If you have been a part of a church for any length of time, then it is likely true that you have had to endure a song or two for which you didn’t care. Sometimes these “bad songs” have more to do with style than substance, wording, or simple preference. If you are a theology lover like me, it often has to do with some small nuance of doctrine rather than drum-beats or some skinny-jean wearing guy firing off some minute-long guitar solo. The question is, when these songs are inevitably sung at your church or a conference, how are you going to react? What should your response be? Many people simply sit down, or even cross their arms with their apparent displeasure. I have even seen some that simply stand with a sour look on their face. As Christians however, how should we respond? If everyone else is standing as a corporate body and singing, how should we respond so as to not draw attention to ourselves, and allow the Lord to still be worshiped by those around us? How can you still worship, but yet not be coerced into worthless worship because your heart is not right? Here are a few ideas to consider.
Pray About Your Attitude:
You see in the bulletin that song that you just hate to sing… Your soul groans. You are thinking to yourself, “I think I am going to need to go to the bathroom about that time during the service.” You simply have a bad disposition about it before it ever starts. Sadly, I must admit that I have been there, and I didn’t mind showing my displeasure. It was written all over my face when the song was sung. However, I finally came to the point when I realized that singing to God should have a lot more to do with Him than my personal desires. I was coming into the service wanting to feel God and feel the music, instead of having Him be the object of my praise; the object of my worship. I needed an attitude (and a heart) change. When I finally came to this point, it made worshiping God through a song that was not my preference a lot easier. He was the one that I needed to be aiming to please, not myself. So, this is the first place we need to look when that song is going to be sung. We need to check our attitudes. Check and make sure that your heart is right before you seek to cast stones at the music minister or praise team leader.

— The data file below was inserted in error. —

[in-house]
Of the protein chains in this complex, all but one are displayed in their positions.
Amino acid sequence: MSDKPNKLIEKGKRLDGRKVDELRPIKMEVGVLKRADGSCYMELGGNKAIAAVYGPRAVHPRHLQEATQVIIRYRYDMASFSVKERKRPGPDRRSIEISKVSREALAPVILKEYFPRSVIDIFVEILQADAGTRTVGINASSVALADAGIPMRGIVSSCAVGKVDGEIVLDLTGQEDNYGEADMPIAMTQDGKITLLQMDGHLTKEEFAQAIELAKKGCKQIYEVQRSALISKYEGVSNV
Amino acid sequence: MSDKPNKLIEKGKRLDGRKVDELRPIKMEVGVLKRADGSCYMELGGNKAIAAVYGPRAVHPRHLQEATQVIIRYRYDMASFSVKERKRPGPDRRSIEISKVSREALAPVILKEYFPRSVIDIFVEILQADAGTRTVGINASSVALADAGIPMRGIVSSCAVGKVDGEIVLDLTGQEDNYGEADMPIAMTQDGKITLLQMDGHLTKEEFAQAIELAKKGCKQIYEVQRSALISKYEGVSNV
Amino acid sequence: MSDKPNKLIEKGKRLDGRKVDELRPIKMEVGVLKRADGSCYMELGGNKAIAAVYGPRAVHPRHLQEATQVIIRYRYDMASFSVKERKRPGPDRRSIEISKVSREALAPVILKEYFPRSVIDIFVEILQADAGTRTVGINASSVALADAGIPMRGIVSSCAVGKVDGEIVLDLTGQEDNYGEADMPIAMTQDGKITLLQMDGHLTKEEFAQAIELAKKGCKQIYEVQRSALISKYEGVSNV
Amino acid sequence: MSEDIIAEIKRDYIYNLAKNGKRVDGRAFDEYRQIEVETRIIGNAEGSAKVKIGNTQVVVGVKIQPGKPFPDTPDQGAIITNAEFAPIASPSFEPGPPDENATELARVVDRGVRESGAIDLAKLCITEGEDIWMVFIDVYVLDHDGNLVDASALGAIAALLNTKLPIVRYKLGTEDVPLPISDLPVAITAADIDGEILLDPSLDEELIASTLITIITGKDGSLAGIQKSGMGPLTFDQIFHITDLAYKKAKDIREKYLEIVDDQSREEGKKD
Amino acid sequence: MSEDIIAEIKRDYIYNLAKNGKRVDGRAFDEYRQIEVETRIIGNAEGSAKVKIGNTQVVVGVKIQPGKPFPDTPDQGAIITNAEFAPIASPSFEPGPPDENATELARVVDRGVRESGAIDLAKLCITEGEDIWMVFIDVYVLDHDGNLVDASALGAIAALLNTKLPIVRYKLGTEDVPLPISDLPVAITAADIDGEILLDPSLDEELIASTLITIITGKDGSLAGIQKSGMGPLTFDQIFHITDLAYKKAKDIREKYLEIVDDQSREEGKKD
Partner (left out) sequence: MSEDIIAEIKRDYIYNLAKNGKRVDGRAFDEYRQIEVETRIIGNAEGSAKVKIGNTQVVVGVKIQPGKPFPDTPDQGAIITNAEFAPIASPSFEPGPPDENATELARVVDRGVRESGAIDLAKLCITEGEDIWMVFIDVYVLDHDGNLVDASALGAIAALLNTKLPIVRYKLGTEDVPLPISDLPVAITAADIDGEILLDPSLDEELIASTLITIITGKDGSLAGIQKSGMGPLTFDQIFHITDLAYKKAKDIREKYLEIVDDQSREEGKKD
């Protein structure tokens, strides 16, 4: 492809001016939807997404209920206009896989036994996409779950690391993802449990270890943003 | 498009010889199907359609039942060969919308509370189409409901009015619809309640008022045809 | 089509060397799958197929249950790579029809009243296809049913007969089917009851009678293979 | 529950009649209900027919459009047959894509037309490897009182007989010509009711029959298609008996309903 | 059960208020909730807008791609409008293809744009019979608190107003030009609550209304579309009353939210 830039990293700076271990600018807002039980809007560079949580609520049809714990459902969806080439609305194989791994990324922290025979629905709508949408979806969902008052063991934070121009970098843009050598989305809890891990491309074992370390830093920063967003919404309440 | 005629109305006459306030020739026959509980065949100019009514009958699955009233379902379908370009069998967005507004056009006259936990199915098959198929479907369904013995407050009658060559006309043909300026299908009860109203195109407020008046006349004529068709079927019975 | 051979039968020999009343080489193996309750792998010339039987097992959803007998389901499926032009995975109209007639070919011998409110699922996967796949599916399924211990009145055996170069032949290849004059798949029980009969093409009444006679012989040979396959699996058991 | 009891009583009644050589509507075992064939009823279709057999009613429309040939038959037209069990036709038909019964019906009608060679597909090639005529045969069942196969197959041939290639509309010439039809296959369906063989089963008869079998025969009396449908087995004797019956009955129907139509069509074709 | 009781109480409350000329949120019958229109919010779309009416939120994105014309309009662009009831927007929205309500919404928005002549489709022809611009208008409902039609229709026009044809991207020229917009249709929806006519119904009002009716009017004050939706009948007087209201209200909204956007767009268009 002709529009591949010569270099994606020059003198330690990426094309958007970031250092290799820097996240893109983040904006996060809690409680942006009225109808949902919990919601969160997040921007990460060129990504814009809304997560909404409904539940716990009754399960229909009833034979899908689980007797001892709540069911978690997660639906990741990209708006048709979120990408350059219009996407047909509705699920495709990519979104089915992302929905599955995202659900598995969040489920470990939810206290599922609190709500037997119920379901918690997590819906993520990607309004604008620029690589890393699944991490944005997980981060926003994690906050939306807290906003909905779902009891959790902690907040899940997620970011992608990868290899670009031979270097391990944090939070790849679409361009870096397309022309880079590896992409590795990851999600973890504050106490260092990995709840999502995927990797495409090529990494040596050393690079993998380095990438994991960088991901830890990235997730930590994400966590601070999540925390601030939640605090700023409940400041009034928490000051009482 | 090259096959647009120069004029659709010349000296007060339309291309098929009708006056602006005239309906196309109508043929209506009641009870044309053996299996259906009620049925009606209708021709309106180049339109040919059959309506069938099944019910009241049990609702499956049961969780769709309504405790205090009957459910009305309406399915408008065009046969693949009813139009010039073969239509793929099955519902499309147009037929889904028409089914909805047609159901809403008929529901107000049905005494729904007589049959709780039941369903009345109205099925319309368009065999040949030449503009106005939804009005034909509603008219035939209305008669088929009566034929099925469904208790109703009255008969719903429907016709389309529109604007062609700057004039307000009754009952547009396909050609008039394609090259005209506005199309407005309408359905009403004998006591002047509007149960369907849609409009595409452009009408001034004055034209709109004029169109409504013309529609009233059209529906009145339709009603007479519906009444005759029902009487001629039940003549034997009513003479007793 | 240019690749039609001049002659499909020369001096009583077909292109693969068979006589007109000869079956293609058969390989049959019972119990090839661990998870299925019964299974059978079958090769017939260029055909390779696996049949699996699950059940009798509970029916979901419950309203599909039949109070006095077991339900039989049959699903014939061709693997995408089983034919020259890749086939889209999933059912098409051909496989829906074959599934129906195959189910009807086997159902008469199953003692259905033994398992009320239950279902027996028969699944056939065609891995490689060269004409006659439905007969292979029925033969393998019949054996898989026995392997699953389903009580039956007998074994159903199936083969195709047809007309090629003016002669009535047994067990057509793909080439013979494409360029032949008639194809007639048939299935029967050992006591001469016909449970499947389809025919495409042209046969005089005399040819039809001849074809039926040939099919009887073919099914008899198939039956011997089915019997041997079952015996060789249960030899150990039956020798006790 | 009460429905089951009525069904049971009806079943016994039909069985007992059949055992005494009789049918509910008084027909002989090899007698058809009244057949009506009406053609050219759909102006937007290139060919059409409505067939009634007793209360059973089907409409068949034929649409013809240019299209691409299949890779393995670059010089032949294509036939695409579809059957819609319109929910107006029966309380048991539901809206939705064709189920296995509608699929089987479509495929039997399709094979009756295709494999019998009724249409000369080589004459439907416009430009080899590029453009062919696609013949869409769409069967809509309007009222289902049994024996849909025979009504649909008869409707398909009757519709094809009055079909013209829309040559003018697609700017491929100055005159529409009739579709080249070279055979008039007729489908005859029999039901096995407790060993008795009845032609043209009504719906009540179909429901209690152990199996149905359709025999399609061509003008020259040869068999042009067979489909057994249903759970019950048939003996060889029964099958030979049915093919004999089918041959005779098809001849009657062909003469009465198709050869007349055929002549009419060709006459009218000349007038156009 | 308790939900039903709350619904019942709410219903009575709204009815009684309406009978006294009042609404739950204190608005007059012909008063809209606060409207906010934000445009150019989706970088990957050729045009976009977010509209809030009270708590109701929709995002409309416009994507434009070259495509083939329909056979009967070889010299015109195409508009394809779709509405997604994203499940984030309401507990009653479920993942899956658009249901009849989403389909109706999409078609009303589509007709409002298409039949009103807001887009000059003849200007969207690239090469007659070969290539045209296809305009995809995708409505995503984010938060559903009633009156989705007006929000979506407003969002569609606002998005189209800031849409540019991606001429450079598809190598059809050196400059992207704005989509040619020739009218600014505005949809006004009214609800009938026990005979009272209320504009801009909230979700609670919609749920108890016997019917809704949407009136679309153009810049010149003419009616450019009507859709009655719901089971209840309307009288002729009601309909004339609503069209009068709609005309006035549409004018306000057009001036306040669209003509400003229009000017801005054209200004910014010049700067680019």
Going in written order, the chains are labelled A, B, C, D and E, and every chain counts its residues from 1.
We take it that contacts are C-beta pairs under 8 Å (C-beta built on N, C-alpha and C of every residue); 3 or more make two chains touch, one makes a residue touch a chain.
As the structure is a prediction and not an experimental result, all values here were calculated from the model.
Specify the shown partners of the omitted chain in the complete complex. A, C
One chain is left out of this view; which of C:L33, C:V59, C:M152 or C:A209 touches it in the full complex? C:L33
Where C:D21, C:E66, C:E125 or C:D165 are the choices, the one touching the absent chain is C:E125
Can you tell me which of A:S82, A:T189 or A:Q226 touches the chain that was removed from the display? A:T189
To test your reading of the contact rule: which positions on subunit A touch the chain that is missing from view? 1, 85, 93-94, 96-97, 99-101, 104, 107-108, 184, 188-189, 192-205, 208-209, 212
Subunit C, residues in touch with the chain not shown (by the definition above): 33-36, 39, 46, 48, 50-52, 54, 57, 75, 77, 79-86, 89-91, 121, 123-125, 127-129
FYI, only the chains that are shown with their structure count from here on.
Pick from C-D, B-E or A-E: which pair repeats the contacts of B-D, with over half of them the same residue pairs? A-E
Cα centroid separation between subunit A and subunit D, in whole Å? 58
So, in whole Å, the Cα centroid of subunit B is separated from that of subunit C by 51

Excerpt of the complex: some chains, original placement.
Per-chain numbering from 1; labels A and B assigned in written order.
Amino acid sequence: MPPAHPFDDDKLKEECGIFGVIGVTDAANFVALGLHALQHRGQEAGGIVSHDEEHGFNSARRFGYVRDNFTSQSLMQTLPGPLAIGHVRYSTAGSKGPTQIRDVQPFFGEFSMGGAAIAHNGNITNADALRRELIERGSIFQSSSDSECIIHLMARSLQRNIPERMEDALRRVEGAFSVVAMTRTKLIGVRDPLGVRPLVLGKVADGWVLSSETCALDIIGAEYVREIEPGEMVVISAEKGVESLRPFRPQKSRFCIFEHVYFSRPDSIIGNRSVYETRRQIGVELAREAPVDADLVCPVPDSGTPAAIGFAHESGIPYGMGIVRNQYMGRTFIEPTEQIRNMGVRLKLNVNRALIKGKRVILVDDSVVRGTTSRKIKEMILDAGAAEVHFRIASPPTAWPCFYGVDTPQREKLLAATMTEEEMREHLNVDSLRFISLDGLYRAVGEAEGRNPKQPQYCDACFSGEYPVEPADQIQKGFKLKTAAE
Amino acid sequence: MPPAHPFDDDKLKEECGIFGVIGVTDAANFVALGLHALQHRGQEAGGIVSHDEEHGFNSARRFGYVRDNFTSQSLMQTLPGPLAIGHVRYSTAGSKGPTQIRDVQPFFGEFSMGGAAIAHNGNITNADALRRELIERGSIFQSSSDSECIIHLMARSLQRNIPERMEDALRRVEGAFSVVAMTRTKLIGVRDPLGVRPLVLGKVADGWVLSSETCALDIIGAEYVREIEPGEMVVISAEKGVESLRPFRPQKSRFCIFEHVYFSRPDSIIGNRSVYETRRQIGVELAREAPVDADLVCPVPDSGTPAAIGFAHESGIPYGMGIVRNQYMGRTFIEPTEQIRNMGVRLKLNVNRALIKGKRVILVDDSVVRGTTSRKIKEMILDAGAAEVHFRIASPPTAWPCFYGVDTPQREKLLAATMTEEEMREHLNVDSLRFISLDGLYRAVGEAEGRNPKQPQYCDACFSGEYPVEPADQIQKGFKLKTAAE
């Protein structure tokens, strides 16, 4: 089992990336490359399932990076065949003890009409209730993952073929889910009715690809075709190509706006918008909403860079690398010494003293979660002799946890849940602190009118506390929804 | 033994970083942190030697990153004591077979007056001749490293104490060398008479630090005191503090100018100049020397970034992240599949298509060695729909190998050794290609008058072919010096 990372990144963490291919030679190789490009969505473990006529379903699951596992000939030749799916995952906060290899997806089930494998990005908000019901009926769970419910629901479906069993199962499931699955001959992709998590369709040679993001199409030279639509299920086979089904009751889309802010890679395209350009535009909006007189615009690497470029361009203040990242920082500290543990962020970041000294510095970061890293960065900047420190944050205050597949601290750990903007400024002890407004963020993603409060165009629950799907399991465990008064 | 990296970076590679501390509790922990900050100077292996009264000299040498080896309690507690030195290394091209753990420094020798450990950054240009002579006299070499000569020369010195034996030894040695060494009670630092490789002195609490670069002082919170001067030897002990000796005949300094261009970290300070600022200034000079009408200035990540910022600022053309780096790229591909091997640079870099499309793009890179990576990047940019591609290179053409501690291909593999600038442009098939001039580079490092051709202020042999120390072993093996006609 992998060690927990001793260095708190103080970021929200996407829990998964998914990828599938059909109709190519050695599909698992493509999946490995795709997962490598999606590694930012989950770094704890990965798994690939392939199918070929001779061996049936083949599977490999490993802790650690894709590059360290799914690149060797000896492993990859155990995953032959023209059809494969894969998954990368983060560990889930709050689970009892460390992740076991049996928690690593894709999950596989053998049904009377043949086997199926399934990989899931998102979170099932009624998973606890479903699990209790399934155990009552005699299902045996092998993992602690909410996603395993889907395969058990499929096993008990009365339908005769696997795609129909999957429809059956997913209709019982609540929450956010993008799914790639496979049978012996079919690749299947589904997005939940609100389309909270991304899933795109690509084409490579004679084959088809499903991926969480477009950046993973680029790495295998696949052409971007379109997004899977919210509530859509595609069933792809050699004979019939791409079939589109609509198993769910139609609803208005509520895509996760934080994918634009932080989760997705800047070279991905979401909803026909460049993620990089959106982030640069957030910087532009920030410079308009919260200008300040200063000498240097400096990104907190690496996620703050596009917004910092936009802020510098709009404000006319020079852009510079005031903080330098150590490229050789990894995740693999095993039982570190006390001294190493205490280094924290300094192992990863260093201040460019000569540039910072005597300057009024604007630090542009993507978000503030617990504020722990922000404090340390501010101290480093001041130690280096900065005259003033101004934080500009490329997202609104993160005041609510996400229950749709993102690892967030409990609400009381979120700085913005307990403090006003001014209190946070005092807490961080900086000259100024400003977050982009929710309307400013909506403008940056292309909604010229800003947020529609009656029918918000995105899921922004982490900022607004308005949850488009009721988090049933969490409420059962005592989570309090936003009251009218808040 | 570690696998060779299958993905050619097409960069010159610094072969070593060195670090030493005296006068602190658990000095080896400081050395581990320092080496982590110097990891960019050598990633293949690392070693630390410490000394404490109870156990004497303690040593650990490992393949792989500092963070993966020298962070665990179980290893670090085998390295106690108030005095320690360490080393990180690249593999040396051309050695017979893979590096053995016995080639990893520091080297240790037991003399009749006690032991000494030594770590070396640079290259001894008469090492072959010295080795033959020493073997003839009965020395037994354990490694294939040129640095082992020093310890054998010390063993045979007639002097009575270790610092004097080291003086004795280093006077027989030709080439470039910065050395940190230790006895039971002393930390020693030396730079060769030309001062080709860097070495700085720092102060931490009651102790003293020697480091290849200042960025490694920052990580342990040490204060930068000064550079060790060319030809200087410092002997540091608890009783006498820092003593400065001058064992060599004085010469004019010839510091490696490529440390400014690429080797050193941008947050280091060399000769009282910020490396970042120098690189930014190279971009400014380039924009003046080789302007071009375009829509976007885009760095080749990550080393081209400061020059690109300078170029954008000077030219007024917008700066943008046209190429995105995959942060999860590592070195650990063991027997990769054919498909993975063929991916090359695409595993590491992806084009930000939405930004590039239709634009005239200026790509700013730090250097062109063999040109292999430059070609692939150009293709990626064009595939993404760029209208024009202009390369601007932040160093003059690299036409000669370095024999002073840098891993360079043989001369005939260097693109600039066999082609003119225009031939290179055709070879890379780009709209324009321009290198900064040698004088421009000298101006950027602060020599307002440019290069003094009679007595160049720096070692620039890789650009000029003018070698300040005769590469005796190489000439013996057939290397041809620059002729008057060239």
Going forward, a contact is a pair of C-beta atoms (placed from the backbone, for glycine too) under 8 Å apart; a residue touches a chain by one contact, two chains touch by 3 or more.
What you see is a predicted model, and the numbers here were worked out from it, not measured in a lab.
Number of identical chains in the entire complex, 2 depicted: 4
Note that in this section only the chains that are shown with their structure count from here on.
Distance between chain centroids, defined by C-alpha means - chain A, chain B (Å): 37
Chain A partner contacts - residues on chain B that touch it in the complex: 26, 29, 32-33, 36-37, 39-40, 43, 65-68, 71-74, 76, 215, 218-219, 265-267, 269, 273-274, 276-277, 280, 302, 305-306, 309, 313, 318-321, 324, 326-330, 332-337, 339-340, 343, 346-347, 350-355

Find the Biblical Truth in the Song:
We all have desires and preferences in our musical choices. I love songs with rich and theologically sound words. However, I work with students and go to a lot of youth conferences. There, one is more likely to find a loud and more contemporary style of music. At times there is less of an emphasis on biblical orthodoxy in the words and more emphasis on the quality of the music. Not everyone enjoys the same style of music. Nevertheless, we need to always look for the biblical truth in the songs that we sing (John 4:24). Biblical truth is what separates Christian music from every other type of music in the world. It is part of the formula of true praise or worship. Ultimately, the words must be right and our hearts as well, for our song to be acceptable to the Lord. While the song might be light (or very heavy) on biblical truth, as long as it is biblical truth, you can still sing. Even if you don’t like the beat of the drum or the sound of the organ, if the words are right, then put aside your preference and sing not just unto the Lord but also for the benefit of those standing next to you as well (Colossians 3:16).
Change The Words: